The Shape of Things

The Shape of Things is a play by American author and film director Neil LaBute. It premièred at the Almeida Theatre in London in 2001 with Rachel Weisz as Evelyn. The play was directed by LaBute himself. According to the author's instructions, it is to be performed without an interval or a curtain call.

The Shape of Things discusses the perennial question of what art is. Also, it is an exploration of love and people's willingness to do things for love. It is set in a small university town in the American Midwest and centres on the lives of four young students who become emotionally and romantically involved with each other.

Warning: Wikipedia contains spoilers

When Adam, an average student majoring in English literature at a provincial university, meets Evelyn, an art student, at the local museum where he is working part-time as a guard, his life takes a decisive turn. Never having had any success with women, he feels flattered when the attractive girl shows an interest in him, and they soon start a relationship. What Adam does not notice at first is that Evelyn makes a lot of demands on him. At first, she suggests that he should start eating healthy food, change his style of clothes and have a haircut, which sounds reasonable enough. Later, however, she asks him to have plastic surgery -- even if it is just a simple nose job -- without telling anybody about it, and eventually to stop seeing his friends Phillip and Jenny and spend all the time he can spare with her. Also, Adam must never ask her about the paper she says she is writing. Truly in love for the first time in his life, Adam can be persuaded to comply with each of Evelyn's wishes, and it does not take long until he feels good about it, too.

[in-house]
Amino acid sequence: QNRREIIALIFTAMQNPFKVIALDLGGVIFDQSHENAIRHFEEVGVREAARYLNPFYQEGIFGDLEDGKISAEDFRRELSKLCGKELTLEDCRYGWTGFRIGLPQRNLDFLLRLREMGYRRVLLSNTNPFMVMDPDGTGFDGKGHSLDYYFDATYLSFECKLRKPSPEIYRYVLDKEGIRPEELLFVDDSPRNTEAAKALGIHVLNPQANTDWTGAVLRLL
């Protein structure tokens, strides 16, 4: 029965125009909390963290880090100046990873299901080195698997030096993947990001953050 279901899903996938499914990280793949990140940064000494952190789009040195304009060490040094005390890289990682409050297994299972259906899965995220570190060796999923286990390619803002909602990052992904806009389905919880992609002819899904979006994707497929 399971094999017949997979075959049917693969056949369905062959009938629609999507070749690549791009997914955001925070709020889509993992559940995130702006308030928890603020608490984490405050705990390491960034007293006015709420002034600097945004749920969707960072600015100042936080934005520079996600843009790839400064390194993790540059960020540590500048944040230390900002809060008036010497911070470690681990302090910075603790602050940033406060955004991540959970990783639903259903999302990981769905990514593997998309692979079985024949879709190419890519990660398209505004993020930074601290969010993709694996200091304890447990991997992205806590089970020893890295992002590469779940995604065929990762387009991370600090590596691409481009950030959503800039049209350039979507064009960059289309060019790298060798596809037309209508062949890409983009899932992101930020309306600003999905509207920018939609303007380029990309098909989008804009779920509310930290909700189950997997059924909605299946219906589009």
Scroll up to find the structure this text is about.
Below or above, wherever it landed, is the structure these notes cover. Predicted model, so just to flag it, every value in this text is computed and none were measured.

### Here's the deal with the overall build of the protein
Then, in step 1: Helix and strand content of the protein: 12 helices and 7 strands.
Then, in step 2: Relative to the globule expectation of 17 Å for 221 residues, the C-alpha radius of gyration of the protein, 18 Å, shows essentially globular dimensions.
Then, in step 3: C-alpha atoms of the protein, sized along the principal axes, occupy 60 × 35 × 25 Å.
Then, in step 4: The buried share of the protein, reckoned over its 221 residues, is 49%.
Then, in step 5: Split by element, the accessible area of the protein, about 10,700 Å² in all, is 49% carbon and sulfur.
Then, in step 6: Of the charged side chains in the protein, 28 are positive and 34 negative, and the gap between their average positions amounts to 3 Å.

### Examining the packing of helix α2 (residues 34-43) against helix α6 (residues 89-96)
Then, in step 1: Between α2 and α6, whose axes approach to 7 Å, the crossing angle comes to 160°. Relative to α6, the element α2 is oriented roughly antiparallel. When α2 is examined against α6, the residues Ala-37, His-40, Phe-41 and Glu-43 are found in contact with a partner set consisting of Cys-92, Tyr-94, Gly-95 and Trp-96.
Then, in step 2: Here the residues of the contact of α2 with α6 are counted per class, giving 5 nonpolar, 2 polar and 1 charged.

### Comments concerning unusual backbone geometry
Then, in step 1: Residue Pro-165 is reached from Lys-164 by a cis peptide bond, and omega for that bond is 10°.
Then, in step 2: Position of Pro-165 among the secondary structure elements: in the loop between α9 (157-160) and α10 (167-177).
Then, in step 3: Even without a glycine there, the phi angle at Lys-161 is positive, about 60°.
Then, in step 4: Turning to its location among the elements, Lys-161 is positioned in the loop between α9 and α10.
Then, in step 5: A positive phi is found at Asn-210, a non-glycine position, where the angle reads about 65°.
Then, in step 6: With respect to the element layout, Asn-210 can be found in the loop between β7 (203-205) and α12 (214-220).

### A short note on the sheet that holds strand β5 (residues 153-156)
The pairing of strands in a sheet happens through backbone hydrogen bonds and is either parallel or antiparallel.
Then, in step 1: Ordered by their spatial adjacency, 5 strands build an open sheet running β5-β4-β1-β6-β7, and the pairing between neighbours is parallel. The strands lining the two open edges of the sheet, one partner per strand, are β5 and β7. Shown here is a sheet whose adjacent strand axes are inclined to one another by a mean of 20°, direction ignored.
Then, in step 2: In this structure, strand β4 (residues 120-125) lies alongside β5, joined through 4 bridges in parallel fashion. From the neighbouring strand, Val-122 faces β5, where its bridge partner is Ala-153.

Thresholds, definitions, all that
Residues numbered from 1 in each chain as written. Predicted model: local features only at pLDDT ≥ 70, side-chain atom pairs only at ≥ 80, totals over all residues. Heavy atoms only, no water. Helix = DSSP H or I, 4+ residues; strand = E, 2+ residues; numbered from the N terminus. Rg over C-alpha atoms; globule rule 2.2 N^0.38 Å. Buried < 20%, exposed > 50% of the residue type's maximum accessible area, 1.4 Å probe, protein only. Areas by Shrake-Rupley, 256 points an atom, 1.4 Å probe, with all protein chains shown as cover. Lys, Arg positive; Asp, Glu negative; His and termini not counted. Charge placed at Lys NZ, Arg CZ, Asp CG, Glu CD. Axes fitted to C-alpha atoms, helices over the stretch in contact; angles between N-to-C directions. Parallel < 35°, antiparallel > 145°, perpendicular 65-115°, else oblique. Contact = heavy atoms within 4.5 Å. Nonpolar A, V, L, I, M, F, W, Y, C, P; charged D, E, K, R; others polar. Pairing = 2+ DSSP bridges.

Adam does not know that to Evelyn he is nothing but an art object, that her academic work consists in changing another human being without their knowledge and, by doing so, creating a work of art. Accordingly, none of the feelings she shows towards Adam are genuine; at no stage in their "relationship" does she fall in love with him; her videotaping their lovemaking is just part of the documentation required to finish the course; and the engagement ring he presents to her in front of a live audience one night at an exhibition gallery where she finally reveals her project is just the final proof that she has passed.

Publicly humiliated and devastated beyond hope of ever fully recovering, Adam confronts Evelyn and, for once, demands an explanation of her. But all she says is that he should be grateful to her: She claims that, objectively speaking, she has had a positive influence on his life, making him a more attractive and healthier person. Having finished her studies, Evelyn leaves the town soon afterwards.




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